7. Lai, X.; Qiao, D.; Zheng, Y.; Ouyang, M.; Han, X.; Zhou, L. A rapid screening and regrouping approach based on neural networks for large-scale retired lithium-ion cells in second-use applications. J. Clean Prod. 2019, 213, 776–791. [Google Scholar] [CrossRef]
  8. China Energy Storage Alliance. Energy Storage Industry Research White Paper 2019. Available online: http://www.cnesa.org/index/inform_detail?cid=5cf0ef98b1fd3772048b4567 (accessed on 18 May 2019).
  9. Zhang, Y.; Li, Y.; Tao, Y.; Ye, J.; Pan, A.; Li, X.; Liao, Q.; Wang, Z. Performance assessment of retired EV battery modules for echelon use. Energy 2020, 193, 116555. [Google Scholar] [CrossRef]
  10. Debnath, U.K.; Ahmad, I.; Habibi, D. Quantifying economic benefits of second life batteries of gridable vehicles in the smart grid. Int. J. Electr. Power Energy Syst. 2014, 63, 577–587. [Google Scholar] [CrossRef]
  11. Neubauer, J.; Pesaran, A. The ability of battery second use strategies to impact plug-in electric vehicle prices and serve utility energy storage applications. J. Power Sourcesces 2011, 196, 10351–10358. [Google Scholar] [CrossRef]
  12. Debnath, U.K.; Ahmad, I.; Habibi, D. Gridable vehicles and second life batteries for generation side asset management in the Smart Grid. Int. J. Electr. Power Energy Syst. 2016, 82, 114–123. [Google Scholar] [CrossRef]
  13. Madlener, R.; Kirmas, A. Economic Viability of Second Use Electric Vehicle Batteries for Energy Storage in Residential Applications. Energy Procedia 2017, 105, 3806–3815. [Google Scholar] [CrossRef]
  14. Huang, W.; Abu Qahouq, J.A. Energy Sharing Control Scheme for State-of-Charge Balancing of Distributed Battery Energy Storage System. IEEE Trans. Ind. Electron. 2015, 62, 2764–2776. [Google Scholar] [CrossRef]
  15. Zhang, C.; Shang, Y.; Li, Z.; Cui, N. An Interleaved Equalization Architecture with Self-Learning Fuzzy Logic Control for Series-Connected Battery Strings. IEEE Trans. Veh. Technol. 2017, 66, 10923–10934. [Google Scholar] [CrossRef]
  16. Gallardo-Lozano, J.; Romero-Cadaval, E.; Milanes-Montero, M.I.; Guerrero-Martinez, M.A. A novel active battery equalization control with on-line unhealthy cell detection and cell change decision. J. Power Sourcesces 2015, 299, 356–370. [Google Scholar] [CrossRef]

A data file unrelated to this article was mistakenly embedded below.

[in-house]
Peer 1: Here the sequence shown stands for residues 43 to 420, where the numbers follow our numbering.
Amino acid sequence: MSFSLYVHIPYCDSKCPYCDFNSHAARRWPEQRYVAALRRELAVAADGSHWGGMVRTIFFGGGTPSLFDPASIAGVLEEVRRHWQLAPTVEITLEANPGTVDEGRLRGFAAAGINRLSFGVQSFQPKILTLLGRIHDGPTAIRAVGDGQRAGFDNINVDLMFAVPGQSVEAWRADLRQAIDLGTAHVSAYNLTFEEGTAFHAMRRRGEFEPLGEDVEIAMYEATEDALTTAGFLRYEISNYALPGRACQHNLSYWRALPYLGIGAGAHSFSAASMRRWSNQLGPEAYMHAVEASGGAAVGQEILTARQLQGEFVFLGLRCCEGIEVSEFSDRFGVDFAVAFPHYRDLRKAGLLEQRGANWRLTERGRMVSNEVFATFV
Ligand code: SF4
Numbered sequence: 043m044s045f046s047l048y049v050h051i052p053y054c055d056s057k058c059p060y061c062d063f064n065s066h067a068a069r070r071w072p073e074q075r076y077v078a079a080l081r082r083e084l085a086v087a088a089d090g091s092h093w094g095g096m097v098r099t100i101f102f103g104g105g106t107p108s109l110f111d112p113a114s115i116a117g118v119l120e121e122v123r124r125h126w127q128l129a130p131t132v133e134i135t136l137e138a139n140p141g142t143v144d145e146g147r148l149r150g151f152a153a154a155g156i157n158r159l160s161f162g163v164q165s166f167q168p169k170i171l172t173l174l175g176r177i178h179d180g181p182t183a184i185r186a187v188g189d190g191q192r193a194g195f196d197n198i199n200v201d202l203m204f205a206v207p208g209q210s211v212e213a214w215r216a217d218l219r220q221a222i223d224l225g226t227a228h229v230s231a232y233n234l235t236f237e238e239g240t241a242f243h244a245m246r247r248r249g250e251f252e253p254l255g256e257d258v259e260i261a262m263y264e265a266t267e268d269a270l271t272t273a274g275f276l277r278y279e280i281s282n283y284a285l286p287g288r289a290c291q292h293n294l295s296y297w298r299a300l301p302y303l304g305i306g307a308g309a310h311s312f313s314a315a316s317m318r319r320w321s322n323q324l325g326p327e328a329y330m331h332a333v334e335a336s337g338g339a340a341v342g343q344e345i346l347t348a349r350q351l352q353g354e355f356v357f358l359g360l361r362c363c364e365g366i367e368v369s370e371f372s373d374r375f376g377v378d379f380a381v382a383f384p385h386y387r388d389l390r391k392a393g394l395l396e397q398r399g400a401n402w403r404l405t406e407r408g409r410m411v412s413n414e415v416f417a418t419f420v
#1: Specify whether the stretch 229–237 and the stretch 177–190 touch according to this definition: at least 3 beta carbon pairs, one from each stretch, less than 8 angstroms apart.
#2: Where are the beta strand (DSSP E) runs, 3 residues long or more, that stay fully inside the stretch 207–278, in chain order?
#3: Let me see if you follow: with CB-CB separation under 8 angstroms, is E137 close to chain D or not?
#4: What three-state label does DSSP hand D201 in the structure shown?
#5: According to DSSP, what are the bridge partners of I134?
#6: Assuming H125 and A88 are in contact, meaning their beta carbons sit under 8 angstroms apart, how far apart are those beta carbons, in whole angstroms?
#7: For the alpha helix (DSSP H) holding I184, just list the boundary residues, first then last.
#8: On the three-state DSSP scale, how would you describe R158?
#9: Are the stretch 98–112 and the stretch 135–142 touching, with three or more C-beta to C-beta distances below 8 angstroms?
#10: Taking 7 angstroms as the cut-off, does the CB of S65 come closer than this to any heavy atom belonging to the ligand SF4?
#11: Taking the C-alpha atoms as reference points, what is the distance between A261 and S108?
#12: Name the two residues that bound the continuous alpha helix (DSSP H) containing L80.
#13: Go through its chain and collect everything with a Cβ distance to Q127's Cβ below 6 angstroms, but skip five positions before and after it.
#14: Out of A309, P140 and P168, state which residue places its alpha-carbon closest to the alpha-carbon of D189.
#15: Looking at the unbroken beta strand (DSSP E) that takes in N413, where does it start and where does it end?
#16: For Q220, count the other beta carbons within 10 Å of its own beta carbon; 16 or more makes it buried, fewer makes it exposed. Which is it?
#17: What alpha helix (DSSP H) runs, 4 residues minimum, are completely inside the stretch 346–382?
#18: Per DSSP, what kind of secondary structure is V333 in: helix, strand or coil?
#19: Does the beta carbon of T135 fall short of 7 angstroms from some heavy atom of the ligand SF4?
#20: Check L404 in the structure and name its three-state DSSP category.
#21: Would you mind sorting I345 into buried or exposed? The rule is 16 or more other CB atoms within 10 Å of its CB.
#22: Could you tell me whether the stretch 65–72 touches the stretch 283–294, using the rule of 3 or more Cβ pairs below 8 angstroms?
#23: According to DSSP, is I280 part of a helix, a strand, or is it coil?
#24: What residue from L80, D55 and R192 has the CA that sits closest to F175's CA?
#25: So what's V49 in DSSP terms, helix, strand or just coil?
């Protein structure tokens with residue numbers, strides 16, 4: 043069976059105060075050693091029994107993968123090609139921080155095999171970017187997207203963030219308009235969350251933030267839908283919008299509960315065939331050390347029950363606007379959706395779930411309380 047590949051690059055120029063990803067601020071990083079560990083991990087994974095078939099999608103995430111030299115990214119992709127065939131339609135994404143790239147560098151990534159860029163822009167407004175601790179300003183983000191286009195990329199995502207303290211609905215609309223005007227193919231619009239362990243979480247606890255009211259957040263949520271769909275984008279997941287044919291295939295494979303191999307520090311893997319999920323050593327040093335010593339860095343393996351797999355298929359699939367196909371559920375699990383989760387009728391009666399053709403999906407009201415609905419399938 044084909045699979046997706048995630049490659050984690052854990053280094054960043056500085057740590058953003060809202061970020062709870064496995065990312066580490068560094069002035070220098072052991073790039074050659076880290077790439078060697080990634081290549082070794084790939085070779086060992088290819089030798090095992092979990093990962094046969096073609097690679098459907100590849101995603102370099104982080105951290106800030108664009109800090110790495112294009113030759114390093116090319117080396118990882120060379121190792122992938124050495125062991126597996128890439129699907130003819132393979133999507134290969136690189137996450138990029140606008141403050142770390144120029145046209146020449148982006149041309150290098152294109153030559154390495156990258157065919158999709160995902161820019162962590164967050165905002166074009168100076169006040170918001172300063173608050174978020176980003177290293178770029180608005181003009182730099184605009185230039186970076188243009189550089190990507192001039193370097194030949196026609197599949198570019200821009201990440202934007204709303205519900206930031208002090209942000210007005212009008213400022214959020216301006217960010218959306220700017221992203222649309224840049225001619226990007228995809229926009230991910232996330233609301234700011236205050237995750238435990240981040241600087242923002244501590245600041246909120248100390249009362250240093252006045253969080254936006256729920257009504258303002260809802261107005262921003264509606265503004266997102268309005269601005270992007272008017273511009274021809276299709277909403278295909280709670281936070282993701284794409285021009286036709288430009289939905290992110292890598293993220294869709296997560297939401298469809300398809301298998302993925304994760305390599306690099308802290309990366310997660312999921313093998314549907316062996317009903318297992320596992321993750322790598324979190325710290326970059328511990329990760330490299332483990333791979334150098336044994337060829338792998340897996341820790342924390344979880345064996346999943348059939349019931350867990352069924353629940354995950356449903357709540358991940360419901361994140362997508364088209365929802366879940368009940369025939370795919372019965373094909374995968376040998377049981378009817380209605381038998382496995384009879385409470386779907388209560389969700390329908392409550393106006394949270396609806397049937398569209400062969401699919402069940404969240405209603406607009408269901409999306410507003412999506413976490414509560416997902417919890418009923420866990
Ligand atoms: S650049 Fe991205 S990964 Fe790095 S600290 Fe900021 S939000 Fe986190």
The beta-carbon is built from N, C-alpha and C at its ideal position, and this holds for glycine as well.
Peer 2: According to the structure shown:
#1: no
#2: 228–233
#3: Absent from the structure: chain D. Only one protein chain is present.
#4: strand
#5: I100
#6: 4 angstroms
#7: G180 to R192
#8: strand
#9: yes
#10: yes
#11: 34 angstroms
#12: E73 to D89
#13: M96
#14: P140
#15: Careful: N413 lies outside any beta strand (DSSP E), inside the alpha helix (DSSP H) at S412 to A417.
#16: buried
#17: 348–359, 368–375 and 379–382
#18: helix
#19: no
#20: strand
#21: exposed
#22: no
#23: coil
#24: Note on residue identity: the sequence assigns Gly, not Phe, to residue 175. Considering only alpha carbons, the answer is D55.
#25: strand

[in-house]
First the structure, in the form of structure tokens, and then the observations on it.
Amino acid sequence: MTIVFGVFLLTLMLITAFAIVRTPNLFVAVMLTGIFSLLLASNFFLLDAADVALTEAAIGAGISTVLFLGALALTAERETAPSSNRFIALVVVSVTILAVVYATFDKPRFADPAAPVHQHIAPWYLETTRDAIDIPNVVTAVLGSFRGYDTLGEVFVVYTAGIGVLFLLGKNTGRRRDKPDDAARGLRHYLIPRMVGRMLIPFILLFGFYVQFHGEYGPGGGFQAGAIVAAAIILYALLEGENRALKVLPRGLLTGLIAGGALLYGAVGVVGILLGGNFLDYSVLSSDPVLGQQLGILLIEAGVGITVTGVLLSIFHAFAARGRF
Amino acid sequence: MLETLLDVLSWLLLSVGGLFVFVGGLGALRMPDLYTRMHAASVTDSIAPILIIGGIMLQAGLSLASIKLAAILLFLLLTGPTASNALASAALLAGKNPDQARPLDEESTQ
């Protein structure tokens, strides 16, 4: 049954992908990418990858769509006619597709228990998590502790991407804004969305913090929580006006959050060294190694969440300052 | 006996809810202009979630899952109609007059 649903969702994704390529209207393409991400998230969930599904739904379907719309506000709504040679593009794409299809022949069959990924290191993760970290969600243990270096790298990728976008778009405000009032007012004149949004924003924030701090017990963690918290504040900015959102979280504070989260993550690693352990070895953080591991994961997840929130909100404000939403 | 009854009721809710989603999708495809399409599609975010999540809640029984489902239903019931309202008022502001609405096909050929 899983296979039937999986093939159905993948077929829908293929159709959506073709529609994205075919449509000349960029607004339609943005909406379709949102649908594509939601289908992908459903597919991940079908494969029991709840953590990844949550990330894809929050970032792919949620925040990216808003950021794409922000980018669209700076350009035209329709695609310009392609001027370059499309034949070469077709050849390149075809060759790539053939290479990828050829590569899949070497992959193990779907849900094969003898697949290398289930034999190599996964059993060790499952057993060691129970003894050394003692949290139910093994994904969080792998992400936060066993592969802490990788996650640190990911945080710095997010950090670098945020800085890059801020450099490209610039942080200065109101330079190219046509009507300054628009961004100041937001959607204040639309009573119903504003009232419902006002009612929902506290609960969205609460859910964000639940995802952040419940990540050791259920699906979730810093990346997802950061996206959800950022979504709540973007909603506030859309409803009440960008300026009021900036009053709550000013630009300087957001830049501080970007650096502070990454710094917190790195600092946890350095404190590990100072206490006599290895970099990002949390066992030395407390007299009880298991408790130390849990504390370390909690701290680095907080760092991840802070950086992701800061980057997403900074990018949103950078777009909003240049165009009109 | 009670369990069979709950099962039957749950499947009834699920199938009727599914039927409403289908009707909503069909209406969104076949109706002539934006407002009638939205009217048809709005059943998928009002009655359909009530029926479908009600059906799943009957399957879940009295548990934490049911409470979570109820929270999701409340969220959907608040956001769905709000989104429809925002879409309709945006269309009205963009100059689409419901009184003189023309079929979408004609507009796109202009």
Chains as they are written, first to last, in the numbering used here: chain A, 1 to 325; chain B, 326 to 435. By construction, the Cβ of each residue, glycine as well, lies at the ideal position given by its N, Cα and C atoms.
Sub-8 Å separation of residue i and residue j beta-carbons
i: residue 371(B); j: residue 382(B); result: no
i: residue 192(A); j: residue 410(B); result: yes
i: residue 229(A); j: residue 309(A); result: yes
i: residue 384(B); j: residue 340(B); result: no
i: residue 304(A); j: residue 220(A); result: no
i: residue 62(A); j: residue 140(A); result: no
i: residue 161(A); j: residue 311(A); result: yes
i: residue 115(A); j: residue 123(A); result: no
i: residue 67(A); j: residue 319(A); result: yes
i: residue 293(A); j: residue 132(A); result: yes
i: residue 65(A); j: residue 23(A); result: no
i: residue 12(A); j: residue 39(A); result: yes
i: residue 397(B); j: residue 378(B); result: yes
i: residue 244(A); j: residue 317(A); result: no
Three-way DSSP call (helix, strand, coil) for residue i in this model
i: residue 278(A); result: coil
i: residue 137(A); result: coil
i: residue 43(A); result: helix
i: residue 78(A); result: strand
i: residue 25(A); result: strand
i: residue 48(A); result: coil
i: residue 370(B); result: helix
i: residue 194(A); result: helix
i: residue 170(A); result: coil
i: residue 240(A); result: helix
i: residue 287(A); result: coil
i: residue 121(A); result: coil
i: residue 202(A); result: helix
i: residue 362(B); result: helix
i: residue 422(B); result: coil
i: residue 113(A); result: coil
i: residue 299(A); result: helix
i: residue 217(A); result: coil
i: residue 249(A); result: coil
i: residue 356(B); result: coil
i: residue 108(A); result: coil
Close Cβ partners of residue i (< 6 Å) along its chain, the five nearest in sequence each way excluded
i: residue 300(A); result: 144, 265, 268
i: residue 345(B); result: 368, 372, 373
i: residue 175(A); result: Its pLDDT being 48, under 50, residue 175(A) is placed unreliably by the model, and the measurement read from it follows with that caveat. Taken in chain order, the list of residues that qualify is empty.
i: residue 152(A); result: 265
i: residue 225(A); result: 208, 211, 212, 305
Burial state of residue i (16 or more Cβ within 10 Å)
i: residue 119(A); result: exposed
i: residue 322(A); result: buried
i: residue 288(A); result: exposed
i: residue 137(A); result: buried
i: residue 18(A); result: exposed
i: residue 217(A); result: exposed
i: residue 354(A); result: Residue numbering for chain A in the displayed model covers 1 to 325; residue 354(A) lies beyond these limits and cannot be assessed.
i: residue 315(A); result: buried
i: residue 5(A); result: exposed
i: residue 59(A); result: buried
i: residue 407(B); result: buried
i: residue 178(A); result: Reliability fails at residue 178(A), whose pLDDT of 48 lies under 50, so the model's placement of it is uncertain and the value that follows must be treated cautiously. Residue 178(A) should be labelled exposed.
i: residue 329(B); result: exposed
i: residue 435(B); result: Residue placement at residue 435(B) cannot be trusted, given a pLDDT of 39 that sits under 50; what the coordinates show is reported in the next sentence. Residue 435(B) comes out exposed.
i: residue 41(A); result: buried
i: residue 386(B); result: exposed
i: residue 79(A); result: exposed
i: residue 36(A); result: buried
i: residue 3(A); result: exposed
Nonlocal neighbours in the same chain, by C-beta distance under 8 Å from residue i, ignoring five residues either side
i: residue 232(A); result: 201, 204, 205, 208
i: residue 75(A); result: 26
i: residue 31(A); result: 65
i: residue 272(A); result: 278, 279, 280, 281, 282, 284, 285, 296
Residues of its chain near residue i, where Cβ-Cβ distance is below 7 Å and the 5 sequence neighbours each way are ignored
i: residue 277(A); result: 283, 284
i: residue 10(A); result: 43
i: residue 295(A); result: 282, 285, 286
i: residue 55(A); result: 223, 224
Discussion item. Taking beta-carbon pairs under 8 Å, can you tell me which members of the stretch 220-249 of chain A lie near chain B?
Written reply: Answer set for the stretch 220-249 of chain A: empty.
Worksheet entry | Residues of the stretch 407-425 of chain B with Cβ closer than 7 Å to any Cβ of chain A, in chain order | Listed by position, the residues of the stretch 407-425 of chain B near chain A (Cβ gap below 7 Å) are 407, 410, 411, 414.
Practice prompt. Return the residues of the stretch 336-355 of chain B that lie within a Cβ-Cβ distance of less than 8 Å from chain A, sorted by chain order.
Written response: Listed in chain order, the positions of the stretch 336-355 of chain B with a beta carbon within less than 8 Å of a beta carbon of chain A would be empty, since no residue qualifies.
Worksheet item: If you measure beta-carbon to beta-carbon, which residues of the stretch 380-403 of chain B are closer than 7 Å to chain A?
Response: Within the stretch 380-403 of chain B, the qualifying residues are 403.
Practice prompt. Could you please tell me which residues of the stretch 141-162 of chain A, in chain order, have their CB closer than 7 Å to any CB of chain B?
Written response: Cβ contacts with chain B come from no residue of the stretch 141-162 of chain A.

17. Liu, X.; Wan, Z.; He, Y.; Zheng, X.; Zeng, G.; Zhang, J. A Unified Control Strategy for Inductor-Based Active Battery Equalisation Schemes. Energies 2018, 11, 405. [Google Scholar] [CrossRef]
  18. Gallardo-Lozano, J.; Romero-Cadaval, E.; Milanes-Montero, M.I.; Guerrero-Martinez, M.A. Battery equalization active methods. J. Power Sourcesces 2014, 246, 934–949. [Google Scholar] [CrossRef]
  19. Bouchhima, N.; Schnierle, M.; Schulte, S.; Birke, K.P. Active model-based balancing strategy for self-reconfigurable batteries. J. Power Sourcesces 2016, 322, 129–137. [Google Scholar] [CrossRef]
  20. Daowd, M.; Antoine, M.; Omar, N.; van den Bossche, P.; van Mierlo, J. Single Switched Capacitor Battery Balancing System Enhancements. Energies 2013, 6, 2149–2174. [Google Scholar] [CrossRef]
  21. Chen, Y.; Liu, X.; Cui, Y.; Zou, J.; Yang, S. A Multi-Winding Transformer Cell-to-Cell Active Equalization Method for Lithium-Ion Batteries with Reduced Number of Driving Circuits. IEEE Trans. Power Electron. 2016, 31, 4916–4929. [Google Scholar] [CrossRef]
  22. Wang, Y.; Zhang, C.; Chen, Z.; Xie, J.; Zhang, X. A novel active equalization method for lithium-ion batteries in electric vehicles. Appl. Energy 2015, 145, 36–42. [Google Scholar] [CrossRef]
  23. Hannan, M.A.; Hoque, M.M.; Peng, S.E.; Uddin, M.N. Lithium-Ion Battery Charge Equalization Algorithm for Electric Vehicle Applications. IEEE Trans. Ind. Appl. 2017, 53, 2541–2549. [Google Scholar] [CrossRef]
  24. Dai, H.; Wei, X.; Sun, Z.; Wang, D. A novel dual-inductor based charge equalizer for traction battery cells of electric vehicles. Int. J. Electr. Power Energy Syst. 2015, 67, 627–638. [Google Scholar] [CrossRef]
  25. Cui, X.; Shen, W.; Zhang, Y.; Hu, C. A Fast Multi-Switched Inductor Balancing System Based on a Fuzzy Logic Controller for Lithium-Ion Battery Packs in Electric Vehicles. Energies 2017, 10, 1034. [Google Scholar] [CrossRef]
  26. Zheng, X.; Liu, X.; Yao, H.; Zeng, G. Active vehicle battery balancing scheme in the condition of constant-voltage/current charging and discharging. IEEE Trans. Veh. Technol. 2017, 66, 3714–3723. [Google Scholar] [CrossRef]
  27. Wu, Z.; Ling, R.; Tang, R. Dynamic battery equalization with energy and time efficiency for electric vehicles. Energy 2017, 141, 937–948. [Google Scholar] [CrossRef]